HOMETOWN INVESTMENTS: When Pavel Filip became Moldova’s Prime Minister in 2016, his hometown suddenly became the beneficiary of an inordinate number of development projects. To accommodate this increase in public works, the former Democratic Party Government allocated more money to the commune – and the distribution of funds appears to be far from fair. ZdG investigates how much the state spent on Pănășești commune under the PDM, and examines how this became a means of serving the political interests of the former Prime Minister Filip, building a positive political image for him ahead of the February 2019 Parliamentary elections. 

“BORMAN” CASE: After his momentary release from prison on September 20, 2019, Moldovan authorities detained alleged drug trafficker Oleg Pruteanu (aka Borman) in relation to a criminal case opened in Russia. The case is targeting an alleged international drug trafficking ring; one that Russian authorities claim involves not just “Borman,” but also former Democratic Party leader Vlad Plahotniuc and former PDM deputy Constantin Țuțu. While the Moldovan press and public speculated that the case materials could provide links to Plahotniuc (whose location abroad is currently unknown), the Prosecutor’s Office for Combating Organized Crime and Special Cases confirmed that so far only materials implicating Borman have reached Moldova.


MOLDOVA & RUSSIA: Despite the close ties between the Kremlin and Moldova’s President Igor Dodon, there are a number of controversial issues that Chișinău and Moscow have yet to resolve. ZdG’s partner outlet Hromadske International breaks down the current state of Moldovan-Russian relations, demonstrating that negotiations over Russian gas and the Transnistrian Settlement aren’t the only points of contention.

NATO’S DECLINE: The influence of pro-Russian political leaders, as well as Russian or pro-Russian media, is causing a decline in support for NATO membership in Moldova, writes Madalin Necsutu for Balkan Insight. President Dodon’s recent speech at the United Nations General Assembly emphasizing Moldova’s military neutrality is just one example of this kind of anti-NATO messaging, which according to experts is part of a growing scaremongering campaign benefiting the pro-Russian Socialist Party.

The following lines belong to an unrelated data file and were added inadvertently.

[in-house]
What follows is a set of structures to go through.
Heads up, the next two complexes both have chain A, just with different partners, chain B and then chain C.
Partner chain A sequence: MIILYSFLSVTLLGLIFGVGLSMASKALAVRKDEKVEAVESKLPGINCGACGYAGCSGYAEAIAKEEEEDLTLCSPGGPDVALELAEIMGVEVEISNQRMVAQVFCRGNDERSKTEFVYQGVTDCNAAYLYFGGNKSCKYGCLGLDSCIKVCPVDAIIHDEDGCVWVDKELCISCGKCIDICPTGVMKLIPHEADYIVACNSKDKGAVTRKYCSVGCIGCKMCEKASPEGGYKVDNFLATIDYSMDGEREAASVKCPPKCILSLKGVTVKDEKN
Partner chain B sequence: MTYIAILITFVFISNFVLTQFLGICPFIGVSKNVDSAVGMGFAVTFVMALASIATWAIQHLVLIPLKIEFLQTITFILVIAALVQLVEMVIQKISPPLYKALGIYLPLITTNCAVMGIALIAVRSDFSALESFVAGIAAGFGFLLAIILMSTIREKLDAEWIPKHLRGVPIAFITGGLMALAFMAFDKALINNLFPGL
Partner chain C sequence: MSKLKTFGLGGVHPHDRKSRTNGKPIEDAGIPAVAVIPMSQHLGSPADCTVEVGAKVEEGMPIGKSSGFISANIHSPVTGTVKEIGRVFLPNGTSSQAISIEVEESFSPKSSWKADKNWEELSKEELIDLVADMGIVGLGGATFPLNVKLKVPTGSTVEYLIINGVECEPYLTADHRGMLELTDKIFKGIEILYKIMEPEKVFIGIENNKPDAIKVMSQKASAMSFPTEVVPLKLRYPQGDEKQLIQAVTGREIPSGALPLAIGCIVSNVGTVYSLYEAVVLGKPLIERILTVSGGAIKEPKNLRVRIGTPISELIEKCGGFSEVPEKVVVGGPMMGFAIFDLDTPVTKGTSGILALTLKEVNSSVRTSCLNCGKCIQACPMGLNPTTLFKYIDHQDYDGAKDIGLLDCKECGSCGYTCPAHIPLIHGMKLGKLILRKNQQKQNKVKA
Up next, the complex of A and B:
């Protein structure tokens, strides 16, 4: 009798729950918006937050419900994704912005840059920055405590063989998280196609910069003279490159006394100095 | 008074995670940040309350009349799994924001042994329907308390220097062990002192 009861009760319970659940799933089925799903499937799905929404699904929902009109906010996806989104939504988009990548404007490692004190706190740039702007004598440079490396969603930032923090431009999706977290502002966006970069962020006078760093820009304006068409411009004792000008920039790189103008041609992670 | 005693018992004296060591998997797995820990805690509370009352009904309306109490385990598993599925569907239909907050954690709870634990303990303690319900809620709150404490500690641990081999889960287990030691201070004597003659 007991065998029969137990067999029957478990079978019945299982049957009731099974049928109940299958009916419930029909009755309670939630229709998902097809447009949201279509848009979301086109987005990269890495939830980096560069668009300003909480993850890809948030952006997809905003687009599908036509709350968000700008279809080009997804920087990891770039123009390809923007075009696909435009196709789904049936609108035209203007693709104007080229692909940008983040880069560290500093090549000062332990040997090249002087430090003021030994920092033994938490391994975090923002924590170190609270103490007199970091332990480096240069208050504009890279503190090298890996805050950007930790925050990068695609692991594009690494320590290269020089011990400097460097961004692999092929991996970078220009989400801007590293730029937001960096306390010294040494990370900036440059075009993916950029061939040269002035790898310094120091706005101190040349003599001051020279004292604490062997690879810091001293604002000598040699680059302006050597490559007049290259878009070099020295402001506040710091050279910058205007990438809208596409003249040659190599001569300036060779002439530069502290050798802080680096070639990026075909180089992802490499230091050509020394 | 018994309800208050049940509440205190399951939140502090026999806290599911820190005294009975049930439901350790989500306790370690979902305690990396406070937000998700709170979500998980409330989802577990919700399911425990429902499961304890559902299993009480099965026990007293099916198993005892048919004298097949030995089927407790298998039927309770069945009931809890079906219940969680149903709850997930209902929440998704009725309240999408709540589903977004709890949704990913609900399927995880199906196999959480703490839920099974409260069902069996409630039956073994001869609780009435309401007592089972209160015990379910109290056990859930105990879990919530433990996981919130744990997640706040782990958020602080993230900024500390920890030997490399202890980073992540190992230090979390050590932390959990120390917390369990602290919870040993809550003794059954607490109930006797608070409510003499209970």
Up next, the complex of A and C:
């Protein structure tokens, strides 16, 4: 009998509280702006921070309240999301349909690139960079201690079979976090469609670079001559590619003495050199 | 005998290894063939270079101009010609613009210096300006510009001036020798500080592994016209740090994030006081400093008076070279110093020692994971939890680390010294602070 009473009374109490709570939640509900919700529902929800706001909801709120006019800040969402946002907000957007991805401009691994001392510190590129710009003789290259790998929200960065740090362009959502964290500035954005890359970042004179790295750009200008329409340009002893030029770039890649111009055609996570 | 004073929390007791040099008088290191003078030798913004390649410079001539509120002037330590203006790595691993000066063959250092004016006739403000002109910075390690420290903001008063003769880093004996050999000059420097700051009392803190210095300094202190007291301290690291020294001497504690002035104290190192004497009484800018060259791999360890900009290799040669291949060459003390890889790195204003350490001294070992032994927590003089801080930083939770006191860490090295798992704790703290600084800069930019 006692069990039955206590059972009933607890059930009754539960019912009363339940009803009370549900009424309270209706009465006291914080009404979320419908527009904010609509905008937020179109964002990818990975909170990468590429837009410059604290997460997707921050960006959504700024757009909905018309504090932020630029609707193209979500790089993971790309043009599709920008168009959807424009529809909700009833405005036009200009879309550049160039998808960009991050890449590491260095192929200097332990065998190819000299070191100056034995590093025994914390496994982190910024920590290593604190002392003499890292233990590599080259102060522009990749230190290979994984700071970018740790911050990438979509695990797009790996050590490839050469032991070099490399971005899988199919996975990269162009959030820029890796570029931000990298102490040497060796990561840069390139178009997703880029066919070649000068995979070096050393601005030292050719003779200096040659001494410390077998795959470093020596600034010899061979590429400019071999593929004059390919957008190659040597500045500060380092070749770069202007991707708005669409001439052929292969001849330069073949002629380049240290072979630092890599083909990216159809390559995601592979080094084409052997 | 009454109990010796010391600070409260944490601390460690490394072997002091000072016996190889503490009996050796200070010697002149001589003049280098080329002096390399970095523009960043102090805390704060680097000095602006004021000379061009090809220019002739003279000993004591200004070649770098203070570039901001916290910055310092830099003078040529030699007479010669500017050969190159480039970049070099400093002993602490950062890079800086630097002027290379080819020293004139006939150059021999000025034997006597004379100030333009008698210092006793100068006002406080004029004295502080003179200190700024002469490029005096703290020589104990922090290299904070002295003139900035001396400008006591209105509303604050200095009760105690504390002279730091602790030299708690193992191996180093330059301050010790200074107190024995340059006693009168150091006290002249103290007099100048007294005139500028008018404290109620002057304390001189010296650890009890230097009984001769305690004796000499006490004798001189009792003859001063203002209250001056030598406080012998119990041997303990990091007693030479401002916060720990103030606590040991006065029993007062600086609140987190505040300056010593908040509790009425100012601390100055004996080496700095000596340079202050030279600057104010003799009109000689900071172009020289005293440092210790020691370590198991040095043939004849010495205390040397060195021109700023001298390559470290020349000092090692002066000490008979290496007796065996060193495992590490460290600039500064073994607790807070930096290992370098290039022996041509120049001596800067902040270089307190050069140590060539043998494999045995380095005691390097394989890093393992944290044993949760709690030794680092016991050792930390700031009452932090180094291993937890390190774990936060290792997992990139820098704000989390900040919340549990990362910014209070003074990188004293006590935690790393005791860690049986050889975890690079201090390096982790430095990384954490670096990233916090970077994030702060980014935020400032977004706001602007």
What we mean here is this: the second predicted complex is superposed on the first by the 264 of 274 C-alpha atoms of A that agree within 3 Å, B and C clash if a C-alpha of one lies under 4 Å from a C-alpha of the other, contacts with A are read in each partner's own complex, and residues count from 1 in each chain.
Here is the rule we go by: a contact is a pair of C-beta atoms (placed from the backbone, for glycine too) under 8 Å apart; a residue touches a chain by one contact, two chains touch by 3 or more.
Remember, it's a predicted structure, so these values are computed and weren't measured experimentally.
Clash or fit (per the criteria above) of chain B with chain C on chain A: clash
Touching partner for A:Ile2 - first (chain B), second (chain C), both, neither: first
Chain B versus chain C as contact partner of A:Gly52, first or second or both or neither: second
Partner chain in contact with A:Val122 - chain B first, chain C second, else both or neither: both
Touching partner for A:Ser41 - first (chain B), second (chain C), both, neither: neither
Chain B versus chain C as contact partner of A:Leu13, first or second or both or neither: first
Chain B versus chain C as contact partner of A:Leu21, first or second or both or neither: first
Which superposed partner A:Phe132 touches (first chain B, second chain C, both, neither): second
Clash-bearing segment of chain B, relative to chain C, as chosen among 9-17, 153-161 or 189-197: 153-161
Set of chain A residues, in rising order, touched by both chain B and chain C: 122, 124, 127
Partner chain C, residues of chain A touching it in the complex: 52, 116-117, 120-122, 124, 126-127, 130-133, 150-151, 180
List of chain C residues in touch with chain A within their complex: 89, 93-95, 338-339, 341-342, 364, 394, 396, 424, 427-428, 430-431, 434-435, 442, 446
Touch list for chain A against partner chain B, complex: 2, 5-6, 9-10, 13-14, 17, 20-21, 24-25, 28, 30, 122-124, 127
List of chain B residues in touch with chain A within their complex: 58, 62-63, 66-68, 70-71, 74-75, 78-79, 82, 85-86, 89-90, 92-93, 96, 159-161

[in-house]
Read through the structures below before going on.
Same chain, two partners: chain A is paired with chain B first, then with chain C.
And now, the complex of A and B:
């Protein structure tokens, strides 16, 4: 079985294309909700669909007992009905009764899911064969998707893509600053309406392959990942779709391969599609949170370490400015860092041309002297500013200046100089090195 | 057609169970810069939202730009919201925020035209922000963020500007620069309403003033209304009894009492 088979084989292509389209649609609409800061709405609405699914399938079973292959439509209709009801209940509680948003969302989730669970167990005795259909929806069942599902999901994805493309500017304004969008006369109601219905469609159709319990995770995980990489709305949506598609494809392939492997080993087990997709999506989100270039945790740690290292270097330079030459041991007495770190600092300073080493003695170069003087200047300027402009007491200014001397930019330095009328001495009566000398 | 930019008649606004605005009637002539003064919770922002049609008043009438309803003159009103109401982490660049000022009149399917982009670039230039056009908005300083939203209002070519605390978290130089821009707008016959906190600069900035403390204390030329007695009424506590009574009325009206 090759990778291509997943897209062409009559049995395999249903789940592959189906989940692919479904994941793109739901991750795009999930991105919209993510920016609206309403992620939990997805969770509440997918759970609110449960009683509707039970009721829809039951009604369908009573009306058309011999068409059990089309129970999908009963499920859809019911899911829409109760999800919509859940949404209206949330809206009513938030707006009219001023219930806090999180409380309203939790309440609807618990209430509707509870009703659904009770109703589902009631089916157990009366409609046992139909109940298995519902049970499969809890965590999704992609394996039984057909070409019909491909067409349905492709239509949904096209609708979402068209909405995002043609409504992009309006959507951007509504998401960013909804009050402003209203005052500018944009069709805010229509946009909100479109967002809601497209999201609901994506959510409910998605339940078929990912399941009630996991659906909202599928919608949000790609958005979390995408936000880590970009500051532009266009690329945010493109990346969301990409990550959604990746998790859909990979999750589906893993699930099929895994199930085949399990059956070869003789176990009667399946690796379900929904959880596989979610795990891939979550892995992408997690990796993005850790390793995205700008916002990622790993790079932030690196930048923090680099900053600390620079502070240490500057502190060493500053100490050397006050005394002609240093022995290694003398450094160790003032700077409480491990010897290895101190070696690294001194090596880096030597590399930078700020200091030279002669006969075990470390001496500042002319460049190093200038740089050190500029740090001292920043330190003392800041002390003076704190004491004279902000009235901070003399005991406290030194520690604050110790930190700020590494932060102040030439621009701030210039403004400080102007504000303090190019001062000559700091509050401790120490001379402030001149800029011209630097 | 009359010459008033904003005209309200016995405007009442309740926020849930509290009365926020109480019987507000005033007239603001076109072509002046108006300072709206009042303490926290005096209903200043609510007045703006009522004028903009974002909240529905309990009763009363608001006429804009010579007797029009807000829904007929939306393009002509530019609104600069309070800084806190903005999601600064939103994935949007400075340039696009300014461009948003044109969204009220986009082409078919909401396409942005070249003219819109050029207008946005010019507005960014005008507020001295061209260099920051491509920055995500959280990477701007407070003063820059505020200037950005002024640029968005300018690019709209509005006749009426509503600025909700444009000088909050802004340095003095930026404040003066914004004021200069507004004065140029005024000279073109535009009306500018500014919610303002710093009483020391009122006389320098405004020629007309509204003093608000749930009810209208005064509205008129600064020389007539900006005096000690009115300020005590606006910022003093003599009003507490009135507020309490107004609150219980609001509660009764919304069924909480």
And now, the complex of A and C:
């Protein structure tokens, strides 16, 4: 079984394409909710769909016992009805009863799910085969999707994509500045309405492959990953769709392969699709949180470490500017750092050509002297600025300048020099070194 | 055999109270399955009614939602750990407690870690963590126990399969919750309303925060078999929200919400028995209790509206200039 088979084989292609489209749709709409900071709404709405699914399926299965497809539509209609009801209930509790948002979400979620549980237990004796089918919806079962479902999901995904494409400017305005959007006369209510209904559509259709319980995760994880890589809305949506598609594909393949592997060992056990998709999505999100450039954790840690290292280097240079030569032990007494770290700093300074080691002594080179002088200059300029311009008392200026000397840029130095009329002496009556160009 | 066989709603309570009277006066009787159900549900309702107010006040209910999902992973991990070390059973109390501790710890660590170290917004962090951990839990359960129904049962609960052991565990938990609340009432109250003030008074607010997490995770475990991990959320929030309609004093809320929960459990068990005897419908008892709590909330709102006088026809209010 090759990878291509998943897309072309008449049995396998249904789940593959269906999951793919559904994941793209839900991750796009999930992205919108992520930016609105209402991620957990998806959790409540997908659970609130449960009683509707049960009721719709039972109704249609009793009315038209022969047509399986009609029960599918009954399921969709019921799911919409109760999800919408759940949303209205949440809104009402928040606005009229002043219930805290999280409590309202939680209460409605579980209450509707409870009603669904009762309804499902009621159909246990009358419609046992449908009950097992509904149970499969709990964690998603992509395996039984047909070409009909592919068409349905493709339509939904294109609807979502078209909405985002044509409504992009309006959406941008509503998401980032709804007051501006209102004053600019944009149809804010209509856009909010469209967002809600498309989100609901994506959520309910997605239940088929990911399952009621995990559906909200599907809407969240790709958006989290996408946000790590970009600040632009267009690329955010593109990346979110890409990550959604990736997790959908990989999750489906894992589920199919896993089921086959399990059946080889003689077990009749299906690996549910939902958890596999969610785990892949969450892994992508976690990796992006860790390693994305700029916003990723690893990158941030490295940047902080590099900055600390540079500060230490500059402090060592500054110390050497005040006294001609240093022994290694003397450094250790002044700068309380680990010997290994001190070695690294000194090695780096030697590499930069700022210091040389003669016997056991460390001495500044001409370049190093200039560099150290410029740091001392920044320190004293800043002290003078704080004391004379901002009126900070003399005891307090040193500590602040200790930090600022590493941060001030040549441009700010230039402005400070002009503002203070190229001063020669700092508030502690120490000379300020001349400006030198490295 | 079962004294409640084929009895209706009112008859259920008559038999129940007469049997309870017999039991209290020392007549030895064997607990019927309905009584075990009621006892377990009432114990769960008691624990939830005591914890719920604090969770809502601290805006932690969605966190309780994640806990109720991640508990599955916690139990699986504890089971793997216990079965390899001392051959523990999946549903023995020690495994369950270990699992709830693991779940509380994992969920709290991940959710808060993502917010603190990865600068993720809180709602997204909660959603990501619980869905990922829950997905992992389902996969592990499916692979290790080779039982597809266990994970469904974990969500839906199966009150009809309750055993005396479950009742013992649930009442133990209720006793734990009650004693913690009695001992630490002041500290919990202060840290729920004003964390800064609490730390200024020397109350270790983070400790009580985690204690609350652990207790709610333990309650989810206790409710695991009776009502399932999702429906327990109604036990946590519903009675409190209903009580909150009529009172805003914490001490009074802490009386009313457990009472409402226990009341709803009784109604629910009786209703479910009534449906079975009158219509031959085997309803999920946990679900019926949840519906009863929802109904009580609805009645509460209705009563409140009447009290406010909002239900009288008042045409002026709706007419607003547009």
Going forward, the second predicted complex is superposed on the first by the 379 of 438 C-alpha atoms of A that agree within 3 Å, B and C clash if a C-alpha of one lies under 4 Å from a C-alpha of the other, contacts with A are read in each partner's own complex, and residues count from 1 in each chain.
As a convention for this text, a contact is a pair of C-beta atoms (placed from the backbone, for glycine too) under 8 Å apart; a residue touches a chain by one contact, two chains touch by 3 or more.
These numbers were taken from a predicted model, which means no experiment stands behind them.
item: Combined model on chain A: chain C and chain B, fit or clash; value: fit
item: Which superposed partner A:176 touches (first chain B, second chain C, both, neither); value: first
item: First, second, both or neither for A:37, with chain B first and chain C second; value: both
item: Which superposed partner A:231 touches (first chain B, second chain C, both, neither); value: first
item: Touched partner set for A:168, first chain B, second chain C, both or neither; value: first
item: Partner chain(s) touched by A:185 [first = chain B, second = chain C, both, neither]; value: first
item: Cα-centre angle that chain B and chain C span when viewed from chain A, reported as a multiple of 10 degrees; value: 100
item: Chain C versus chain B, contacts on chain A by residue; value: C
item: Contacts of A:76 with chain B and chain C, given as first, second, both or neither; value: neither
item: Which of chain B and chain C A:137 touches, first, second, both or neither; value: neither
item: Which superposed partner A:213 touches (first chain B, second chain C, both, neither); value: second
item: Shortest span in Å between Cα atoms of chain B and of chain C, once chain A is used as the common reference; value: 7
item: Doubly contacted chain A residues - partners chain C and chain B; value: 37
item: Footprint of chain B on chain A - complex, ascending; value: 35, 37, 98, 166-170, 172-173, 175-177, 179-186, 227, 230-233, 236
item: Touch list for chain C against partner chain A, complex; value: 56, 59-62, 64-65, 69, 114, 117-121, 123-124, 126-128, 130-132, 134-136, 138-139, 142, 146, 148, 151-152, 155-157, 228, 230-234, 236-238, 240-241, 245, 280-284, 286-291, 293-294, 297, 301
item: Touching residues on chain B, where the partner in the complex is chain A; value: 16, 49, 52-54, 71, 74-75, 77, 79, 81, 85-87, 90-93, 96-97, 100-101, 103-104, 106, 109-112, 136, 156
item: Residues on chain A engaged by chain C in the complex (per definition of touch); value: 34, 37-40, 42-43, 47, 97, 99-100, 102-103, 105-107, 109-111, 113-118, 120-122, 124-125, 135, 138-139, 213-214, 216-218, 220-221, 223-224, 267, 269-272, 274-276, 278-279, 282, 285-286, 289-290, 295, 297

ZDG IN GERMANY: Our Executive Director Alina Radu sends an insider note from the Global Investigative Journalism Conference, which recently took place in Hamburg: 

“Imagine you are in a place where everyone talks about investigative reporting all day long, giving out tips, telling stories and sharing experiences. And by everybody, I mean 1,600 journalists from 130 countries, packed into 250 sessions. What did we talk about? As corruption and money laundering evolves globally, so does investigative reporting: new ways to get and check information, new models to visualize it, new ways to present it. Yes, it is challenging as ever and it costs increasingly more time and money — but it is also more relevant than ever: a number of big investigative journalism stories have moved and shaped the events in Moldova and neighbors over the last year. And yes, this is the right place to get inspired and hopeful for our own investigative effort: when 290 journalists filled the room of capacity for 150 to learn from the revolutionary Bellingcat experience of using new tech to reimagine investigative reporting.”

IMF IN MOLDOVA: A mission from the International Monetary Fund is paying a visit to Moldova from October 2 to 8, 2019. In Chișinău, the team’s staff and head of the mission, Ruben Atoyan, will carry out a fact-finding mission, looking at recent economic developments and discussing policies aimed at maintaining macroeconomic and fiscal stability, in the context of the state budget for 2020. In September, the IMF approved a $46 million loan tranche from the $179 million program of financial assistance to the country and agreed to extend the program until March 2020. Currently IMF outstanding credit is at around 3% of Moldova’s GDP, on a steady decline for the last seven years when it was 7%.

RACE FOR THE CURE: On October 6, 2019, the group Run Pink Moldova organized the country’s first ever Race for the Cure event in Chișinău’s Valea Morilor park. The event aims at initiating a movement of unprecedented solidarity for women fighting cancer. For the first time ever, Chișinău is now among the 140 cities around the world hosting this global event. 

WINE DAY MOLDOVA: From October 5-6, 2019, Moldova celebrated its 18th National Wine Day holiday. According to the Border Police, crossing points saw an influx of people over the weekend, with as many as 53,009 crossings, half of which were foreign nationals. The National Wine Day organizers also reported an increased number of tourists attending the event.

Thank you for your continued interest!  To keep up with our Moldova coverage throughout the week, you can like us on Facebook, follow us on Twitter@ZiarulDe or check in at for our latest stories in English. More subscription options coming soon. Until next time!